When U.S. President Obama released his 2014 budget proposal last month, many Americans who paid attention to the details needed a measurement he used – “chained CPI” – explained.
That’s because President Obama used chained CPI (consumer price index) to help shave off more than $1 trillion from spending on government programs.
While that sounds like a good thing – it comes at a price.
This budget calculation adjustment could affect your money, since many parts of our tax code, like the size of the standard deduction – that flat dollar amount that reduces taxable income – and the income thresholds for tax brackets are recalculated every year for inflation.
And adding chained CPI to the budget alters those calculations.
What is Chained CPI?
The consumer price index – or CPI for short – is an economic measure used to figure out the rate of inflation and changes in price levels. It takes a virtual “basket” of consumer goods, including groceries, housing, gasoline and clothing, and tracks the average prices of the basket’s components over time.
For example, at the end of 2012, the CPI measure made the assumption that the typical household contributed about 41% of its spending toward housing, 15% for food, and 17% went toward transportation. Within these broad categories are smaller sub-divisions with even more breakdowns.
If there is an overall rise in the cost of the basket, we have inflation. And at the heart of the matter is that our government uses CPI to index benefits like Social Security payments and determine income tax brackets.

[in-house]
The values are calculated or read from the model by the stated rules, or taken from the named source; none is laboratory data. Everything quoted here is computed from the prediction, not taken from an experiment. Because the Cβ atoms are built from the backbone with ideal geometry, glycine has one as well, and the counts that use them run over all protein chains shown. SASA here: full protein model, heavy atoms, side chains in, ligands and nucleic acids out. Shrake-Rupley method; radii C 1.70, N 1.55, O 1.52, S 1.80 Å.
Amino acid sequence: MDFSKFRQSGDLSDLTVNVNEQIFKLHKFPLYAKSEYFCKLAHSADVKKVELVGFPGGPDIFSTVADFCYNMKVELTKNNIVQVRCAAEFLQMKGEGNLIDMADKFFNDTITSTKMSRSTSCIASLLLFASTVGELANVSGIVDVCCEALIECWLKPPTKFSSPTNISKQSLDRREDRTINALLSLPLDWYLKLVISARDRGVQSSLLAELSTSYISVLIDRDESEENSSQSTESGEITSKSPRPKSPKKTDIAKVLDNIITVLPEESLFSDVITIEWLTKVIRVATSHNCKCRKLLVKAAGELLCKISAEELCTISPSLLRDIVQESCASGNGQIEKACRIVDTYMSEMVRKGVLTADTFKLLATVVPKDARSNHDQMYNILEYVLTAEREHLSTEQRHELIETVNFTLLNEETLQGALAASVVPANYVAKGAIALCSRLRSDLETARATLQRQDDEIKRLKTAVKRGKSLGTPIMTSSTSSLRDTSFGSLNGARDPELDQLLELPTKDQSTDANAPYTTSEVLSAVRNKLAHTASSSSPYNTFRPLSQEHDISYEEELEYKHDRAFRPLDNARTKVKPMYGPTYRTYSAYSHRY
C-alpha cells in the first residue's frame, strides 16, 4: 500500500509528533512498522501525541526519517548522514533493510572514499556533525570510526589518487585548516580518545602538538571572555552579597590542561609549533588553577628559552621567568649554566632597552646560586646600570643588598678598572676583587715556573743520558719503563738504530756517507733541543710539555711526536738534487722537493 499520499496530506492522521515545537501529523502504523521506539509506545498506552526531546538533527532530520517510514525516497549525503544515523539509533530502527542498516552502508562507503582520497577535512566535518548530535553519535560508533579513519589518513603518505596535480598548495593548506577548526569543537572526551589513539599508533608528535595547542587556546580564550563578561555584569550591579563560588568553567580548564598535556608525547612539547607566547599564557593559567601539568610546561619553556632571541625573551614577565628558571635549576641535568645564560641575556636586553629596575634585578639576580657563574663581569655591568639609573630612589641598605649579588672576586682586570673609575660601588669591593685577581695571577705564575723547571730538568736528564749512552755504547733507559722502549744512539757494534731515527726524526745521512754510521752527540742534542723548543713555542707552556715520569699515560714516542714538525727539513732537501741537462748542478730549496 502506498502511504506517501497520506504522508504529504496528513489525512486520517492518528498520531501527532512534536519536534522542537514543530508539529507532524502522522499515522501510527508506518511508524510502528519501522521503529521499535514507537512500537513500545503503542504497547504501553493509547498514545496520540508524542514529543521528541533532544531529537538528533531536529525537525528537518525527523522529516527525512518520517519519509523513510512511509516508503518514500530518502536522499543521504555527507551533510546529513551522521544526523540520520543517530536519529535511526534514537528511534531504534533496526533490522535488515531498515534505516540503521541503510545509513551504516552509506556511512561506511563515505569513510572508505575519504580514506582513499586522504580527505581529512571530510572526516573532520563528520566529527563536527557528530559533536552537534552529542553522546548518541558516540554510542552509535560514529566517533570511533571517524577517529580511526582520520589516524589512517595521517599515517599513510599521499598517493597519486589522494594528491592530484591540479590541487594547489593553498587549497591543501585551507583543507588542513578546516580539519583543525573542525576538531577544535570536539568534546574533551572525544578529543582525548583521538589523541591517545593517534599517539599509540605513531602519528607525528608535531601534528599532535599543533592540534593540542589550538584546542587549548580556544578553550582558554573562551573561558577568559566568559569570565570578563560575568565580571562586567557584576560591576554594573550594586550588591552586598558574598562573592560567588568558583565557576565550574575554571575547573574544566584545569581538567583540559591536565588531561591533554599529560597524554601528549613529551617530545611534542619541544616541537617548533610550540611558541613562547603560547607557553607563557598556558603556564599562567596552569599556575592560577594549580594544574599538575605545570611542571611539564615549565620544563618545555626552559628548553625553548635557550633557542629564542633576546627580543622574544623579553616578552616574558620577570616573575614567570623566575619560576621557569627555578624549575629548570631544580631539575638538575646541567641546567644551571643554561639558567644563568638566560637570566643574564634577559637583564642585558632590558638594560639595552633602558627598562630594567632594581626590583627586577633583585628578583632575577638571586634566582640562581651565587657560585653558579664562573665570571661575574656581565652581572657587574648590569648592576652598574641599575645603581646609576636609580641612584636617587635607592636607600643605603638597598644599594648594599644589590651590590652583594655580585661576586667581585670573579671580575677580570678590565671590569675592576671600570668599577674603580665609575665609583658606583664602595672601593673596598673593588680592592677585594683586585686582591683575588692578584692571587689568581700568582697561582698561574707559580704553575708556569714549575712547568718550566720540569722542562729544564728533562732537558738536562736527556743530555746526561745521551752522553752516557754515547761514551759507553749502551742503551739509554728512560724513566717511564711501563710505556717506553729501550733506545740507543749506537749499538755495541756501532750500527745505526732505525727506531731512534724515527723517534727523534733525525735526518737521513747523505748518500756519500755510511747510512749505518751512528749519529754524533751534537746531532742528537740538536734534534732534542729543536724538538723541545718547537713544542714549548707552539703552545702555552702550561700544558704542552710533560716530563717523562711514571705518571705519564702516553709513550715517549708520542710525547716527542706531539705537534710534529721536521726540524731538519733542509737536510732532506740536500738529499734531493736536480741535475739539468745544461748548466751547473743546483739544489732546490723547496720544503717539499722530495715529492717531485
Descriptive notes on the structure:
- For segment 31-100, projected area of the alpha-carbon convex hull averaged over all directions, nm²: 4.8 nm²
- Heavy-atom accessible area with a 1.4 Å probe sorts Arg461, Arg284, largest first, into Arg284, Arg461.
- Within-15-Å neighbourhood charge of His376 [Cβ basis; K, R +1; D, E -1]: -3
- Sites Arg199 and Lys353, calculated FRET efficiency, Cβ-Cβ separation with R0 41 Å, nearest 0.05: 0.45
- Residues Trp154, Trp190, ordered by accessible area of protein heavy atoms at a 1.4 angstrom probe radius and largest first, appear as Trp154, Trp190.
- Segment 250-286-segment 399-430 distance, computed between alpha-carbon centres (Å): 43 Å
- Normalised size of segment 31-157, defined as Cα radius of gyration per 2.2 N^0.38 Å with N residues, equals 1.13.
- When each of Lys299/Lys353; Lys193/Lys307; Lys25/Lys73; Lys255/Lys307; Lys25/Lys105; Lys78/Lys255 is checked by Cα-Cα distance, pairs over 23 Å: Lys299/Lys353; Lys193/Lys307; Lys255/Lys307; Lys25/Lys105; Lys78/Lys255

Chained CPI is an abbreviation for “Chained Consumer Price Index for All Urban Consumers.” It’s referred to as “chained” because it takes into account a phenomenon in economics known as “substitution bias.”
It goes like this: If the prices for certain items rise, rather than pay the higher price, consumers would purchase cheaper substitutions instead.
Here’s a perfect example of chained CPI explained:
“If, for example, the price of canned salmon goes up, many consumers will simply switch to the less-expensive canned tuna, rather than buying less salmon or going without. This type of substitution lessens the impact of inflation on consumers. Chained CPI attempts to address this economic reality.”
On average, the measure of chained CPI is going to be smaller than regular CPI somewhere in the range of 0.25 to 0.3 percentage points. It seems to be a pretty insignificant difference – but its impact on hot-button issues has the bases of each party drawing lines in the sand.
The Heart of the Chained CPI Debate
The concept of chained CPI is not new and has been proposed before as a means of deficit reduction. And for different reasons, both sides of the aisle aren’t particularly fond of it.
The Moment of Truth project found that the federal government could save about $300 billion over the next decade by implementing “chained CPI.”
That should be a good thing.
However, it would do this by reducing future Social Security payments and pension payments to federal retirees.
Democrats not happy.
But, neither are Republicans.
On one hand you have the idea that current cost of living adjustments don’t accurately reflect rising prices. So now the government wants to create a larger deficit between the two.
On the other hand is a stronger argument – that seniors have a different basket of goods and services with no means for substitution. Larger portions of seniors’ expenditures are and will be more heavily weighted to healthcare.
Since chained CPI is a slower rate of inflation, it would also cause a slower rise for the standard deduction. Tax bracket income cutoffs would also slow. This phenomenon would push more taxpayers into higher tax brackets. That would result in new tax revenue that strikes at the heart of the GOP.
President Obama used chained CPI as an olive branch to Republicans: “I’ll put entitlement reform on the table if you discuss new revenue.”
But if it works, and sticks around, be prepared.